Healthcare Economics & Policy

An eight-day trial and two-hour jury deliberation has culminated in the conviction of Pennsylvania cardiologist Samirkumar J. Shah, who on June 14 was found guilty of two counts of healthcare fraud for falsely billing insurers for unnecessary angina treatments.

Eli Lilly stocks are down 1.4% in premarket trading this week after the company announced the results of its long-awaited REWIND study, Barron’s reported.

The American College of Cardiology is partnering with Chicago-based company Veradigm to assemble the largest-ever ambulatory chronic disease network in the U.S., comprising more than 250,000 clinicians and 100 million patients.

An updated cost-effectiveness analysis of evolocumab suggests that while treatment with the PCSK9 inhibitor may always be somewhat costly, it remains effective in hard-to-treat patients and its reduced list price meets cost-effectiveness thresholds across a range of CV events in patients with very-high-risk atherosclerotic CVD.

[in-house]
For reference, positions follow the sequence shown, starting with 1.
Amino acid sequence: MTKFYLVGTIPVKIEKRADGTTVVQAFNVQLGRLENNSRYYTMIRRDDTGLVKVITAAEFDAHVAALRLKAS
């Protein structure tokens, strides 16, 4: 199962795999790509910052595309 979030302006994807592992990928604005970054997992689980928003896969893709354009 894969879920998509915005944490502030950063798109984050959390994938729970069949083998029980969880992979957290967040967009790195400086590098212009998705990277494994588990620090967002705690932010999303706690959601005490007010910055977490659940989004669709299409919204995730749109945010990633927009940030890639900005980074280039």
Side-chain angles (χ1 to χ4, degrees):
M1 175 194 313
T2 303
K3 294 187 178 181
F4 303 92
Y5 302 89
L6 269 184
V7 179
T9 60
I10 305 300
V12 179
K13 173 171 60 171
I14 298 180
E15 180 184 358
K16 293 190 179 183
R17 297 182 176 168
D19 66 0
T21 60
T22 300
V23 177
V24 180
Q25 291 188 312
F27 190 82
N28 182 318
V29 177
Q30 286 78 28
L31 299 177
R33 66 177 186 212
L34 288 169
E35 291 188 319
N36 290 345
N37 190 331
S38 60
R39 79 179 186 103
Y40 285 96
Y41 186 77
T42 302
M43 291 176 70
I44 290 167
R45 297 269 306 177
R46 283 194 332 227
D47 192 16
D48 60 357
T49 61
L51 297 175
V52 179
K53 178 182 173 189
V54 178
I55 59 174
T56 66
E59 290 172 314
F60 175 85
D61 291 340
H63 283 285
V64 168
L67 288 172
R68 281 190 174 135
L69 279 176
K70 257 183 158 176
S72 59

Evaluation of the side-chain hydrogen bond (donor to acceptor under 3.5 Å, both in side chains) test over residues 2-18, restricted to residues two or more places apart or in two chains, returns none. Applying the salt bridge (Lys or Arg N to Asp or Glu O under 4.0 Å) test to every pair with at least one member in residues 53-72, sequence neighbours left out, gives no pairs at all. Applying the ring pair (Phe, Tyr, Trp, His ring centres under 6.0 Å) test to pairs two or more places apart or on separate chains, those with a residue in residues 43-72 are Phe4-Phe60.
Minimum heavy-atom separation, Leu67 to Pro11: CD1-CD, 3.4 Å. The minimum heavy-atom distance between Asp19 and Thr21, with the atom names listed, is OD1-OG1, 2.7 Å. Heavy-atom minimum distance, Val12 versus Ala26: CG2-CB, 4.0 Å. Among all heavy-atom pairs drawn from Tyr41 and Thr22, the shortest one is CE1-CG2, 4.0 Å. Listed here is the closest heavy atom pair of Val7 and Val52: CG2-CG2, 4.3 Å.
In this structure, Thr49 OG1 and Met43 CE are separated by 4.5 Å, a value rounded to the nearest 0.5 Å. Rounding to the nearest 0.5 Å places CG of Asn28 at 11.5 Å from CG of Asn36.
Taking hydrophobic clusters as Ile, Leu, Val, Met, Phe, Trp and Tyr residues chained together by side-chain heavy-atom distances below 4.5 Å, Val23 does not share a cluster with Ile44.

Prompted by a New York Times deep-dive into elevated death rates at North Carolina Children’s Hospital, North Carolina’s secretary of health on May 31 called for an investigation into the hospital’s pediatric heart surgery unit.

A seven-years long whistleblower lawsuit against Kansas cardiologist Joseph Galichia ended May 30 with a $5.8 million settlement, the Wichita Eagle reported.

The atrial fibrillation market is projected to reach $14.68 billion by 2026, according to recent estimates from market research company Reports and Data.

An undocumented immigrant living in Brooklyn, N.Y., was deported to his home country last Wednesday after ICE officials ignored attorneys’ requests to keep him in the U.S. for much-needed medical treatment, WNYC reported.

Ranna Parekh, MD, MPH, has been named by the American College of Cardiology as its first director of diversity and inclusion, according to a statement issued by the College May 23.

Cardiologist Andrea M. Russo, MD, took the reins of the Heart Rhythm Society as president this month after an induction ceremony at the organization’s annual meeting in San Francisco.

A federal judge on May 15 ruled the FDA acted illegally more than a year and a half ago when it allowed e-cigarette products geared toward kids and teens to remain on the market prior to and during the agency’s approval process.

A new rule issued by HHS under the Trump administration allows physicians, hospitals and insurers to refuse care to certain patients on grounds of religious beliefs—something a New York Times columnist says could lead to “chaos in healthcare."